Usually we find ourselves begging for rain to both save us the trouble of turning on the sprinkler system and also take the heat of our water bills, but honestly, so far in February we have had 201.8mm (yes that's over 2metres!) of rain this month in Terrey Hills. This my friends, is too much rain.
- As a result our Grosse Lisse, Black Russians Roma Tomatoes practically rotted.
- Our beans grew so crazy the nearly grew plain over the top of the entire opera house, shielding it from sun to dry out properly.
- Our long awaited watermelons went kaput.
- The corn bid us sayonara.
- Cucumbers rotted on the ground
CRAZY GROWTH! Before chopping back, that's zucchini bottom right, pumpkin growing over opera house on right, cherry tomatoes growing out on left
foreground - crazy tomatoes and top, the climbing bean that almost collapsed the opera house!
Oh well, you know what? I'm not too upset - this rain was really needed by the farmers and the dams. The tomatoes, cucumbers and beans have fed us well over the summer thus far (I have preserved so many!) and haven't had to buy any at all. Everyone I know with corn had a bad yield this year - due to the super-hot spring we had, so I just chalk it up to experience.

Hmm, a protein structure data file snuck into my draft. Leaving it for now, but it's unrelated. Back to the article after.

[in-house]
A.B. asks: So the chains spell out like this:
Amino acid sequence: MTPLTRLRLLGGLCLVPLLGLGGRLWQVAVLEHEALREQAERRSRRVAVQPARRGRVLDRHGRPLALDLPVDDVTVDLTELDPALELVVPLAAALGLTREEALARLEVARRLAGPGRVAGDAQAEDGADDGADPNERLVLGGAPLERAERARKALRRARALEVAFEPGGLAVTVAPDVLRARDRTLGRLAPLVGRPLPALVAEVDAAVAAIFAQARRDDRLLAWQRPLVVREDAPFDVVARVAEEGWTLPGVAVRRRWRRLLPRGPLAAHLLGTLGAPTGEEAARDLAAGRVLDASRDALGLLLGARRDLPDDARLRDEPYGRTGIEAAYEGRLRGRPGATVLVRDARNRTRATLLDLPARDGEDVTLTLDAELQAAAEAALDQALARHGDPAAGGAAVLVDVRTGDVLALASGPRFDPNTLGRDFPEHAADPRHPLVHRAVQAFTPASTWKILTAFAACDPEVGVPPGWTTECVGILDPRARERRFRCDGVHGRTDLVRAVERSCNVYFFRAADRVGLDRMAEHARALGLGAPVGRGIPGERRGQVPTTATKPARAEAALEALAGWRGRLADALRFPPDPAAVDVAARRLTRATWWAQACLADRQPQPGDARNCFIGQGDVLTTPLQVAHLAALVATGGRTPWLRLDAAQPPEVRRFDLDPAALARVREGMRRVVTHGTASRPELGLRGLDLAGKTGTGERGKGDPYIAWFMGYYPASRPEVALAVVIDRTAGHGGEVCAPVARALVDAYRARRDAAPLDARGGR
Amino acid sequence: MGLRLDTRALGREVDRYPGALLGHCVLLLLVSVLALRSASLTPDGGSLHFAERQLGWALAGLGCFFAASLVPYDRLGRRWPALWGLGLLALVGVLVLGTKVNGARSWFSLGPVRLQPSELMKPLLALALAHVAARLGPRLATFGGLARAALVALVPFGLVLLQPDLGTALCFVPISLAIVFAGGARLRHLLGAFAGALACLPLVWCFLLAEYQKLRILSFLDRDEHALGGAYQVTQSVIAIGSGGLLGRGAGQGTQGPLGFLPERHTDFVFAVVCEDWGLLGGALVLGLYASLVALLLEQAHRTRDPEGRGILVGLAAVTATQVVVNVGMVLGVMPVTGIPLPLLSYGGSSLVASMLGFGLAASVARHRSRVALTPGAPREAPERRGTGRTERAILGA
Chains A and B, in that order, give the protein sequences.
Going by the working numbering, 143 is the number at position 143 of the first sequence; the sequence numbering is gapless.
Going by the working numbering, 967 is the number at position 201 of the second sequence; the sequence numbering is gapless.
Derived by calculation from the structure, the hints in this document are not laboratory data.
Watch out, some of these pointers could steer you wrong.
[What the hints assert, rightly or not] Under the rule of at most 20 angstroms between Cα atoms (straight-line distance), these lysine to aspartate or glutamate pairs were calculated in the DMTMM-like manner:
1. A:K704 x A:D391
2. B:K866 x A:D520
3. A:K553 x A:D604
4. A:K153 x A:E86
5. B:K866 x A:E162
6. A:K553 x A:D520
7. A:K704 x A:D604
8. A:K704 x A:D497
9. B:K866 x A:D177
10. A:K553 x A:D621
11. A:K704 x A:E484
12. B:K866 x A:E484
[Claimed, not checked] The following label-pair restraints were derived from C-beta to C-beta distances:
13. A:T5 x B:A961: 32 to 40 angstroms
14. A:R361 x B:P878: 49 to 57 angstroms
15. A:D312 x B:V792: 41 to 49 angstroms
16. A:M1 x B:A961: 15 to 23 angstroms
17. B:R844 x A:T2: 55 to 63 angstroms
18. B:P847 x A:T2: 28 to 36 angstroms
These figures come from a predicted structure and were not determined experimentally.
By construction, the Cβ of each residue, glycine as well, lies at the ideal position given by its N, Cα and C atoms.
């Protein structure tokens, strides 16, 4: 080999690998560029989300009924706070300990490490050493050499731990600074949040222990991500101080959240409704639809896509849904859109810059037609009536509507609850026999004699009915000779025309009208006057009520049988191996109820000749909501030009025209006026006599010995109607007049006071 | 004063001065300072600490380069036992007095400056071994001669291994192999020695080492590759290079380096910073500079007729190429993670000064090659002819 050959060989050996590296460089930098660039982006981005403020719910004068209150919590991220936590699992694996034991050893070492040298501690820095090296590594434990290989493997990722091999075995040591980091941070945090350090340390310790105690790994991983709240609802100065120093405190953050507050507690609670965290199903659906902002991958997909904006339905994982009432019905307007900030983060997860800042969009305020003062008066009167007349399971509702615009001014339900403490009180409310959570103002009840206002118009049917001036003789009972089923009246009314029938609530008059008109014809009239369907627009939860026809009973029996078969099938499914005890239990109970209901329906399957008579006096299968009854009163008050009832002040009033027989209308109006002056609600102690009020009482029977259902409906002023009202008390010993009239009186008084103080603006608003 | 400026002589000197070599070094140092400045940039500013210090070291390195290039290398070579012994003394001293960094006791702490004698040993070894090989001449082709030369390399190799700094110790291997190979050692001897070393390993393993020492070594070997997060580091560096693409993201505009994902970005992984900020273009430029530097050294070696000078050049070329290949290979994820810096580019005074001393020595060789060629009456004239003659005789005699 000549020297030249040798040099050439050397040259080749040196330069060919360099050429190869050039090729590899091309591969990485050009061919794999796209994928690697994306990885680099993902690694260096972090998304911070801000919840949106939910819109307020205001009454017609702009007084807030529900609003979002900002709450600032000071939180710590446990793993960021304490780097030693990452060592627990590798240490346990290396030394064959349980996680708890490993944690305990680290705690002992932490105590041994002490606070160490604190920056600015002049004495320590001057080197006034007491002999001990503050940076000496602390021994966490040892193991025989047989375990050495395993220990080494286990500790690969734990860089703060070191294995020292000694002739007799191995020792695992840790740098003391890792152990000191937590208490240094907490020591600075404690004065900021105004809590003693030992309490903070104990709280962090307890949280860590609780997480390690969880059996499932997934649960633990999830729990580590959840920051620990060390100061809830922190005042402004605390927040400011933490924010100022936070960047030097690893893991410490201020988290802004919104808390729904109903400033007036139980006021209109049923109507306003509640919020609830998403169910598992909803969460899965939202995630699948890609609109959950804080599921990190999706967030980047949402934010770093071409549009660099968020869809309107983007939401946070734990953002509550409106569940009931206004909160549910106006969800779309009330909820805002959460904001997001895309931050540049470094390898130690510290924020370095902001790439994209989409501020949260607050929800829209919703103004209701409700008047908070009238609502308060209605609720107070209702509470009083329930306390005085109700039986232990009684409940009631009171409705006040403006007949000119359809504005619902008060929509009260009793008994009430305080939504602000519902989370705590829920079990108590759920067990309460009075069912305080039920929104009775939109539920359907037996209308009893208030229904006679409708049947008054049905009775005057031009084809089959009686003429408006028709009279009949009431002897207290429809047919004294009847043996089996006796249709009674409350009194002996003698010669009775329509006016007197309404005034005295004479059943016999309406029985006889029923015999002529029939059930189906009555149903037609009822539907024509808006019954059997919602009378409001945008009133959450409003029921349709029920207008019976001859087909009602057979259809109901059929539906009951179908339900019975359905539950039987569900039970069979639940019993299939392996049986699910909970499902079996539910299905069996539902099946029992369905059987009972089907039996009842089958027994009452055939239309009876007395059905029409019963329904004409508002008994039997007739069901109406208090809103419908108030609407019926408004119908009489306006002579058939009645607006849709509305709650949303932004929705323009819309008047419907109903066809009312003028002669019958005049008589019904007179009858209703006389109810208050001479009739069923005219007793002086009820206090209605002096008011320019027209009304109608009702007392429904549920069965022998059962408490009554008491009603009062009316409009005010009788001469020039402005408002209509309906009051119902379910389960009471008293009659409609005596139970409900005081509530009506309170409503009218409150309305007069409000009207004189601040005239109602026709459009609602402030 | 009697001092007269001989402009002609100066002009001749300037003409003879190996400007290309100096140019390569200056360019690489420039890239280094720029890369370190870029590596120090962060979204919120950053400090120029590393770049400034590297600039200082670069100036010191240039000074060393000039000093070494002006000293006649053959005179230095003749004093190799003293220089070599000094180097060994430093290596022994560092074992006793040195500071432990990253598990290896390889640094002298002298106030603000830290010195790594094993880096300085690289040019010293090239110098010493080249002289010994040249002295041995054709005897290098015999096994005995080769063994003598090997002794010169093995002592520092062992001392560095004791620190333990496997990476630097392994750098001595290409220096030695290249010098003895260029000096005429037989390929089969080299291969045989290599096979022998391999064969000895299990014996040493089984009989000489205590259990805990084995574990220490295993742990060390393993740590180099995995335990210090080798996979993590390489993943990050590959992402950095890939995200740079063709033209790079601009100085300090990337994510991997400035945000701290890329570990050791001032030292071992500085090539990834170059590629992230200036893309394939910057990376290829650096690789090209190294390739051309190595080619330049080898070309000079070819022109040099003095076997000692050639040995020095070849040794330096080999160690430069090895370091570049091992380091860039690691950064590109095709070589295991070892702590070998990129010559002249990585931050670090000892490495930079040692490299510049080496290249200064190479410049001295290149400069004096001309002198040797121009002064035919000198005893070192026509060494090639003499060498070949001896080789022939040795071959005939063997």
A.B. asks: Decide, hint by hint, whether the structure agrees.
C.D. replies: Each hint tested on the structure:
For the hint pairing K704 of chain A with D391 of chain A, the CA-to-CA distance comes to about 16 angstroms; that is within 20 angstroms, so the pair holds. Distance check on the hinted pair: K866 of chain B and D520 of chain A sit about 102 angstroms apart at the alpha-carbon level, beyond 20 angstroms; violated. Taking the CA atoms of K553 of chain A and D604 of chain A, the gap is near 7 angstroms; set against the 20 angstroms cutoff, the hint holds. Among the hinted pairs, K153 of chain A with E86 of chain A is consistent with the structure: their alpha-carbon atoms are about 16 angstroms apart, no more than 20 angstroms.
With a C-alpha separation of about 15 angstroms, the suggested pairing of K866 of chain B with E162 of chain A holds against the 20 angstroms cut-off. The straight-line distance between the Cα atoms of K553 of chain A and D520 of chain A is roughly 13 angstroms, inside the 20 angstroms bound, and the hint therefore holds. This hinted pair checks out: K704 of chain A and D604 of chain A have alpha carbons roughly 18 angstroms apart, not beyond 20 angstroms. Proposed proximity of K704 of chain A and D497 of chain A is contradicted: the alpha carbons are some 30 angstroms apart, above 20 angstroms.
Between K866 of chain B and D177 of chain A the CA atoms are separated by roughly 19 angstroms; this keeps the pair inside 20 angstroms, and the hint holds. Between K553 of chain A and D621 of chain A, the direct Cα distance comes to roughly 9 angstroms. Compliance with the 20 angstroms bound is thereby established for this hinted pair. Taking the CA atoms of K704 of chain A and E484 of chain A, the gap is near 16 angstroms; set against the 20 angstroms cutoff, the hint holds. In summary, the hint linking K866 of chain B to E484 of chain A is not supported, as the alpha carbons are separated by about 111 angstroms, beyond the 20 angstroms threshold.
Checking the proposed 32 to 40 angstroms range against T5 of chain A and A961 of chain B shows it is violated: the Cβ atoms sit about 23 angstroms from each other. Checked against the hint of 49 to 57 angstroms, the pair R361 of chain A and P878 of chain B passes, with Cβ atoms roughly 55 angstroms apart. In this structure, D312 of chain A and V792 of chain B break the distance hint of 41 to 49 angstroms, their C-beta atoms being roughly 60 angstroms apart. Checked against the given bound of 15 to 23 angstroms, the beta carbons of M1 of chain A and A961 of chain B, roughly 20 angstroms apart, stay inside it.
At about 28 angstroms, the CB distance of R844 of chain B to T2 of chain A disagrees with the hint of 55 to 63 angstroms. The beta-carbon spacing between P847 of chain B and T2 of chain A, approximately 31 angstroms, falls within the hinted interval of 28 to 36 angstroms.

We have some Thai pink and a few cherry tomatoes left (above top, the colour of watermelon), they are supersweet and lovely in a garden salad. The green tomatoes (above, bottom) that came off the rotted vines I will make chutney with.
Celery is going crazy, I'm just plucking it as I need it, and I think soon the rhubarb will be cut back.
New crop of carrots are poking their heads up as are the onions (sorry forgot pics of these)
Zucchini and Eggplant has had a good yield, loads actually I do think we only have a few weeks to a month of these left. They are looking tired.
Hubby and the frills planted up the first part of our autumn baby garden today also - broccoli, cauliflower, savoy cabbage and brussel sprouts. The first three of those we grew from seedlings last year, this year we're doing them from seed. First time brussel sprout growers this year too. Hubby also planted climbing peas (in a pot this time, no more climbers in the opera house after the beans debacle!
We'll be adding to the baby garden in the next few weeks, I'll do a separate post to let you know our progress.
We're coming up to our first anniversary of digging up and beginning our vege garden, it's evolved - we've loved it - a good family activity to both learn how to grow our own, appreciate our toil with love by eating it and save ourselves some money. You don't need to start one in Spring, Autumn was a great time to start a vege garden - a good ramp-up and practice for the spring and summer.
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